ZTE – light in a tunnel

The event: On March 7th, 2016 the US Commerce Department charged ZTE with a, “planned and organized scheme to establish, control and use a series of ‘detached’ companies to illicitly re-export controlled items to Iran in violation of US export control laws.” ZTE is also accused of selling to other embargoed countries including Sudan, North Korea, Syria, and Cuba.

The charges are serious because it means that ZTE will have to obtain a special license to buy any technology from US companies including Qualcomm, a major chip supplier for the company. Over 10% of ZTE’s smartphone components are sourced from US technology firms. So, an embargo on its devices would be sizeable setback as the company would have to redesign virtually all of its handset portfolio.

ZTE has been quick to address the charges, “ZTE is highly concerned about media reports relating to a US Dept of Commerce investigation…and maintains constant communications with associated departments and is committed to fully address and resolve any concerns.”

On March 20th, the US government’s embargo on ZTE was softened. US government officials stated that there was a temporary stay on the embargo of ZTE products. Quoted in the Wall Street Journal, US government officials stated ZTE was being “active” and “constructive” in talks. In the past two weeks, there has been little mention of any embargo at all and only that the discussion hinged around the size of fines being levied.

What does this mean for ZTE, US carriers, and competitor handset OEMs?

The charges are serious for ZTE, a major handset provider in the US. Last year, the company sold-in over  14m devices in the US – close on 8% share, and has hovered between the #4 and #5 largest mobile handset provider in the market overall. ZTE is a major force within the US prepaid channels including MetroPCS, Cricket, Virgin, Boost, and WalMart. ZTE has a sizable line-up of actively selling devices: Avid Plus, Obsidian, Sonata 2, Grand X series, Warp Sync, Max, Prestige, Paragon, Whirl 2 and Merit.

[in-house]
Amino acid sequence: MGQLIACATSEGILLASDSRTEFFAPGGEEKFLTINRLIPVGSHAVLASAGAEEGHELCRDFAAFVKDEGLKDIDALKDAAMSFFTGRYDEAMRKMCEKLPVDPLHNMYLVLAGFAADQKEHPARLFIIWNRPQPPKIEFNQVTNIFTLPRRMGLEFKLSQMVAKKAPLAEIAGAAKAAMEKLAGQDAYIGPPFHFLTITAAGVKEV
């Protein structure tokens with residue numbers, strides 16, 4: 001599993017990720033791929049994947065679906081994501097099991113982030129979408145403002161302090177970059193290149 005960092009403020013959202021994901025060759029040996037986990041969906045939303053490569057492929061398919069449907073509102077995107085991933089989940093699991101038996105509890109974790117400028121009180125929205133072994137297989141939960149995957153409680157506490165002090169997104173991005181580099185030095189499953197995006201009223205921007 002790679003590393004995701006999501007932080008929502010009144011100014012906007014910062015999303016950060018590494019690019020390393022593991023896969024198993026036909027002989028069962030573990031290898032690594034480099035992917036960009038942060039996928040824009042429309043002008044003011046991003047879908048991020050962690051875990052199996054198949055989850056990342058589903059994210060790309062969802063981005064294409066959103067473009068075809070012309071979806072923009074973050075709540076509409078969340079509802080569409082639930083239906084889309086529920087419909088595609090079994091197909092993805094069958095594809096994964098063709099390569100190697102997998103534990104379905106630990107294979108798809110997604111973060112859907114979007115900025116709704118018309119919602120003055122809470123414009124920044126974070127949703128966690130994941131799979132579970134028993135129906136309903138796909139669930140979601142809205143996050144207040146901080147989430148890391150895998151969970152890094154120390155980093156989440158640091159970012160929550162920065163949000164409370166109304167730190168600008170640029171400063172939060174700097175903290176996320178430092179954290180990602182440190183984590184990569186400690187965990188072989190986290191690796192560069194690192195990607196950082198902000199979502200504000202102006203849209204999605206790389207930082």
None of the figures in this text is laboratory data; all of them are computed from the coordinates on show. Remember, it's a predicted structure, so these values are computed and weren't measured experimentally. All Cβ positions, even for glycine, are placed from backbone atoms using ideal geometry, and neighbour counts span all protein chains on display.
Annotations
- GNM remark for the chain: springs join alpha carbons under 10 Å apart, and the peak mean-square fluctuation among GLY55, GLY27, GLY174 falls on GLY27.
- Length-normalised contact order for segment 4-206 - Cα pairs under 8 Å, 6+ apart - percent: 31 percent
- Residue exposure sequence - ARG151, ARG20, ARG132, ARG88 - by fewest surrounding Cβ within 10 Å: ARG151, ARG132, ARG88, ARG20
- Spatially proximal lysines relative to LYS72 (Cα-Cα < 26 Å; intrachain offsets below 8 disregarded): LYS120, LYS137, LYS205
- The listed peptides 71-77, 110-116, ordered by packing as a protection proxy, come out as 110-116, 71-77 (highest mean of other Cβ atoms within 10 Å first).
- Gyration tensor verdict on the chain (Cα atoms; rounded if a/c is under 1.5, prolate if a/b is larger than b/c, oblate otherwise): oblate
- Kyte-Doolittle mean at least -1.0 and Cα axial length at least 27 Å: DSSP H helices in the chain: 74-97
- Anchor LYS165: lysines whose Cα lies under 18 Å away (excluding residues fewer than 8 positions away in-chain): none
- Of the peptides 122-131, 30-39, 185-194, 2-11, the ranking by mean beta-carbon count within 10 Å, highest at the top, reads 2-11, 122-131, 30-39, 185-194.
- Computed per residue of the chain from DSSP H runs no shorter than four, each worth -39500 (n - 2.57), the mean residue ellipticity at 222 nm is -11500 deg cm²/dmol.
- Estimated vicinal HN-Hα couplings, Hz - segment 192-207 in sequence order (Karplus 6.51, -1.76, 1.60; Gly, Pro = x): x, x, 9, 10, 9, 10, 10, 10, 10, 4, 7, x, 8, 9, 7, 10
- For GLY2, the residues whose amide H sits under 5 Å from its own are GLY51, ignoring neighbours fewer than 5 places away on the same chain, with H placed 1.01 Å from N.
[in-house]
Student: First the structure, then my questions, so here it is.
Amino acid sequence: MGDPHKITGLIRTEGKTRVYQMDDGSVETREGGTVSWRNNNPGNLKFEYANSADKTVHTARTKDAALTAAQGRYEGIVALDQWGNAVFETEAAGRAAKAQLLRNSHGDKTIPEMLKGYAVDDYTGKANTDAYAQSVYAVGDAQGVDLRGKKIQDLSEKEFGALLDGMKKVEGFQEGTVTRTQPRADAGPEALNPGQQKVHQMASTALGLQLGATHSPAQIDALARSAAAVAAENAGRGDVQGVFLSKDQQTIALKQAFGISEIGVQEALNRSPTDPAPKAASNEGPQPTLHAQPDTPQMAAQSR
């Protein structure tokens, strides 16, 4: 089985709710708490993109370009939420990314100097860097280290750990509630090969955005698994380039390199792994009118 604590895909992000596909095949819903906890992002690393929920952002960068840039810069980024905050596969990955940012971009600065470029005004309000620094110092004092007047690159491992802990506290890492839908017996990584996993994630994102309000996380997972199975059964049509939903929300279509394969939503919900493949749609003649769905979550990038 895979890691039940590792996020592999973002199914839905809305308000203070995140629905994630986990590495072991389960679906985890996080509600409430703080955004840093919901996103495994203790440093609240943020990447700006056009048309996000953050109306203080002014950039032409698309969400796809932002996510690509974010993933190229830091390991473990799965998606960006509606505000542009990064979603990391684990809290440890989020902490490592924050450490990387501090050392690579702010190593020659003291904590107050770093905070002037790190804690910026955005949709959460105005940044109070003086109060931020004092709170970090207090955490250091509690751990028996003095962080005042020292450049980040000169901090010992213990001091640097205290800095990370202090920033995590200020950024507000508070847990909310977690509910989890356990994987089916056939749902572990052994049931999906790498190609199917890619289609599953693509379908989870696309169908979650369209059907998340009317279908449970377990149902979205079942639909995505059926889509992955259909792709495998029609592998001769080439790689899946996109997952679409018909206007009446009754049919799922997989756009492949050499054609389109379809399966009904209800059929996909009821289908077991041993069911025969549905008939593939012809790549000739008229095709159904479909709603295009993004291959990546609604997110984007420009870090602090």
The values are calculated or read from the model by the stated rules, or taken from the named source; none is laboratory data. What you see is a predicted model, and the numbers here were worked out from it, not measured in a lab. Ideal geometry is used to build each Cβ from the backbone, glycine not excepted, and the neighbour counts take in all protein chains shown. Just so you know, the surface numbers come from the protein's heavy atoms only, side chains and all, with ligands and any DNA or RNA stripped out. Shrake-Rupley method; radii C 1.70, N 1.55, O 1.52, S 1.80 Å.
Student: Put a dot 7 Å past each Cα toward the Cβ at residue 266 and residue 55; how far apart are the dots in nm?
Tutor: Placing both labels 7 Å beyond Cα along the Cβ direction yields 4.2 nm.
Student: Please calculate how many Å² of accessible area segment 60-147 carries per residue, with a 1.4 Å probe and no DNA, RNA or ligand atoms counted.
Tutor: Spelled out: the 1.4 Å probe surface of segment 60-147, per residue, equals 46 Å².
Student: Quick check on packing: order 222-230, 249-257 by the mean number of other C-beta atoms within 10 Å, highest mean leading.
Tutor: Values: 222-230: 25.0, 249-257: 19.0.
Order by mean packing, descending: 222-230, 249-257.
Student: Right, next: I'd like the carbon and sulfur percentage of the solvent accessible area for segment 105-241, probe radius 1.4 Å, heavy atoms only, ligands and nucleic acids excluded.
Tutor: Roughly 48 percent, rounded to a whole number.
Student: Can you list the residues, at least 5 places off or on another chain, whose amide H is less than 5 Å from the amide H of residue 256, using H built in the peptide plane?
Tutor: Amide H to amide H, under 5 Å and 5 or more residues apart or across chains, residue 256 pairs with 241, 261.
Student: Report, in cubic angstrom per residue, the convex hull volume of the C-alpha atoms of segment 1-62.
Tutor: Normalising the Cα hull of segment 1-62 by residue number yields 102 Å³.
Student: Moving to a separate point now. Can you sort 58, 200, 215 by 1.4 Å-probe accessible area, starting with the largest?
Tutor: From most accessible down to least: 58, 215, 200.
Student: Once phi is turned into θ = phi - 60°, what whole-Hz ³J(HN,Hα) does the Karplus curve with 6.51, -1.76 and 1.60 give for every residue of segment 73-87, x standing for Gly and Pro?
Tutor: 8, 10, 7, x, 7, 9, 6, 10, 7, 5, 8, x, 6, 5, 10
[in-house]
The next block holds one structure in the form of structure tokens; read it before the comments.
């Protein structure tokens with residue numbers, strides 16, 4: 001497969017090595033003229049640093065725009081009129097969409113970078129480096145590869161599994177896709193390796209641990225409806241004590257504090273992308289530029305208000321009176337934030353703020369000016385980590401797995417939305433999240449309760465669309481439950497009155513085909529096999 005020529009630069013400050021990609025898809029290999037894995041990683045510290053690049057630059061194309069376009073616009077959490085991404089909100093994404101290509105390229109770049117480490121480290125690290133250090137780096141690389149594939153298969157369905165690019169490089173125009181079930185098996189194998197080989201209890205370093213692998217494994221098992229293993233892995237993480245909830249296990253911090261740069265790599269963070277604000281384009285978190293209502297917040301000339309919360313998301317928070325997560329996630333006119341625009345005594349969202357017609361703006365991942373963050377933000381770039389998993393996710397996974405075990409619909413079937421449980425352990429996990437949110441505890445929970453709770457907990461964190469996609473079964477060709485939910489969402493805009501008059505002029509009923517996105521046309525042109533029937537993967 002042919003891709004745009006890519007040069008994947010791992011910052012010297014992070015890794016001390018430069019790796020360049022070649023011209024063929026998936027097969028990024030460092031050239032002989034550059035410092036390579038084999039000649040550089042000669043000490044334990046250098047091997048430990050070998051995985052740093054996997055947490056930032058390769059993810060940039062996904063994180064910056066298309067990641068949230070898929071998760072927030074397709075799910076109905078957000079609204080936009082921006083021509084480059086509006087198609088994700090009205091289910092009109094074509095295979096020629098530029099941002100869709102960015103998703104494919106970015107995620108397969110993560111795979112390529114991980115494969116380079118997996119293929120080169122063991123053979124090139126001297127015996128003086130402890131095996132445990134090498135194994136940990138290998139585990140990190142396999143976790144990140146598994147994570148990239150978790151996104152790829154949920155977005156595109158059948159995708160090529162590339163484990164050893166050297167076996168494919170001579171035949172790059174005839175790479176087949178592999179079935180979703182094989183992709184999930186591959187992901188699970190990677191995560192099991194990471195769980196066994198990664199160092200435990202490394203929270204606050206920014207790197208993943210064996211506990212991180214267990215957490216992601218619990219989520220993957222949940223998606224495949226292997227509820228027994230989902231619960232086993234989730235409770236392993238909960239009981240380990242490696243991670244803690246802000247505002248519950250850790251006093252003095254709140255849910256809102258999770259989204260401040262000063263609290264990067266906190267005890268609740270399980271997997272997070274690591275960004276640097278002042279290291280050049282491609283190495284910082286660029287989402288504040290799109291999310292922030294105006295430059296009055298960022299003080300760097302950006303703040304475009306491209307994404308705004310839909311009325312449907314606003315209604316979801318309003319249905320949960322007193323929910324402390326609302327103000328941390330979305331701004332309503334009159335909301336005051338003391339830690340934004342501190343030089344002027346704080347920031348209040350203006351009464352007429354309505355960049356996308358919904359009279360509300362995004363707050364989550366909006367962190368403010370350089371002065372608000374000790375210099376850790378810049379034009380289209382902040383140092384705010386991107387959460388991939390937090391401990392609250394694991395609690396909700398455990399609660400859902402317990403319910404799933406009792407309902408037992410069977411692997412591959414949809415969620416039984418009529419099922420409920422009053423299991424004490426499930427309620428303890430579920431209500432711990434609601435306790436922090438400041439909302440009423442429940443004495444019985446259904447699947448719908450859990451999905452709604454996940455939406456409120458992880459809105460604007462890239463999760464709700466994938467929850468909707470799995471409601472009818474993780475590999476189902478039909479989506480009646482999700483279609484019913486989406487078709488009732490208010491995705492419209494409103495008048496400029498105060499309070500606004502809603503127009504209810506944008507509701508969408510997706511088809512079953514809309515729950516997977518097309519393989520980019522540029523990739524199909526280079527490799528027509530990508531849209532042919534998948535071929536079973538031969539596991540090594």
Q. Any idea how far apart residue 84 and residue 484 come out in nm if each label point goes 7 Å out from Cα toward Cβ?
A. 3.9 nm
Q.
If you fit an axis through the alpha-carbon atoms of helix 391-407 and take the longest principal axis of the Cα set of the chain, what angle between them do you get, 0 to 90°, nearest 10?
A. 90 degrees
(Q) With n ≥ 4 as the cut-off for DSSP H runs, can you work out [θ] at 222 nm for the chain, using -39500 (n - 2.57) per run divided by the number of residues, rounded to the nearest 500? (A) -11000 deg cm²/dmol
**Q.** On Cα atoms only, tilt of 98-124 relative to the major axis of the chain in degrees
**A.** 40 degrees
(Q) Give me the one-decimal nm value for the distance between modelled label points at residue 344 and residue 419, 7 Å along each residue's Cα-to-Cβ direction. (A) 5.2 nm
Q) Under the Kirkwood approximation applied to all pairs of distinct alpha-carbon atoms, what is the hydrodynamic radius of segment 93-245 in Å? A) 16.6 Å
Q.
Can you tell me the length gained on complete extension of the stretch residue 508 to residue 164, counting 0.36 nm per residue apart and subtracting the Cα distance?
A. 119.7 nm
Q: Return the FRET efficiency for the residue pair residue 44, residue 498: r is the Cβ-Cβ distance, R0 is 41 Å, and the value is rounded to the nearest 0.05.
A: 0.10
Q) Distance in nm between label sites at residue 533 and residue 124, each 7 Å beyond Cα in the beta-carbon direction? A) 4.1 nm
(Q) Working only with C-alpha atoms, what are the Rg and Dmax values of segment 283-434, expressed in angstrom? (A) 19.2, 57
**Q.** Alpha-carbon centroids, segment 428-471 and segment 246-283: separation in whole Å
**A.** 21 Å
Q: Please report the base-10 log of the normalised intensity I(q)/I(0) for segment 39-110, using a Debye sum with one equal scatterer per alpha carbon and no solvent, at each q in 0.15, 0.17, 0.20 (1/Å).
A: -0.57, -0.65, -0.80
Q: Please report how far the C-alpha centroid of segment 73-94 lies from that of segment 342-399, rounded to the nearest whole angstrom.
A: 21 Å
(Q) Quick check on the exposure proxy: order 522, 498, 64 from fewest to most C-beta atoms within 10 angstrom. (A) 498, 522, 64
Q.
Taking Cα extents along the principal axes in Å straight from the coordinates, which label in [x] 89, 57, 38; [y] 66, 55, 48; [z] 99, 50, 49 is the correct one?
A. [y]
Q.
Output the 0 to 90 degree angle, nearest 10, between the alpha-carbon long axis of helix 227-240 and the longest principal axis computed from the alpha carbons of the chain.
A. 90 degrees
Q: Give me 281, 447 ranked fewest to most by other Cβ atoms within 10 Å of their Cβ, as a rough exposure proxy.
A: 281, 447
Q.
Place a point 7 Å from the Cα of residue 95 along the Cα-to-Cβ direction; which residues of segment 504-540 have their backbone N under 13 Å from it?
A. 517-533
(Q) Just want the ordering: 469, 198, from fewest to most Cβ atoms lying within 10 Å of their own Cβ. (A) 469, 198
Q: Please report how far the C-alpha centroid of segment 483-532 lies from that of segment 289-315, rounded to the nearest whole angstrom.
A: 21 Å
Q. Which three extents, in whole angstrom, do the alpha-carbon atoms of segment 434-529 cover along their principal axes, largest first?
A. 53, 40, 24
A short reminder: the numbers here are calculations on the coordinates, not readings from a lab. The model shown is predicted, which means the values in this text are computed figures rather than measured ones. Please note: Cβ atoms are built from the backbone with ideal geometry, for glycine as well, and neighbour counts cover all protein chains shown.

Operators: To date, no US carrier selling ZTE products has dropped the brand from its portfolio. Devices continue to sell in MetroPCS, Cricket, Boost, and WalMart. Certainly, carriers have made contingency plans in the event the situation changes. The prepaid market turns a lot of devices because of churn and high upgrade rates. A carrier cannot be caught with a shortage at any point in the year.

OEMs: This development could have represented a rare opportunity for other OEMs to grab some of ZTE’s 14m+ device sales and 8% market share. Winning share among OEMs who supply the low-end and prepaid markets—such as Alcatel, LG, Samsung or Coolpad — is extremely challenging. Having one of the key players side-swiped by this action would potentially create a vacuum that other players would be only too willing to take advantage of, presupposing they could up their supply lines in time to capitalize on the opportunity. However, for now, ZTE looks to be on safer ground.

Speculation continues and further charges and fines may be en route. But, to date, there has been very limited disruption in ZTE volumes or other OEMs potentially wedging into ZTE’s sales. ZTE managers can breath a little easier, while its competitors will have to work much harder.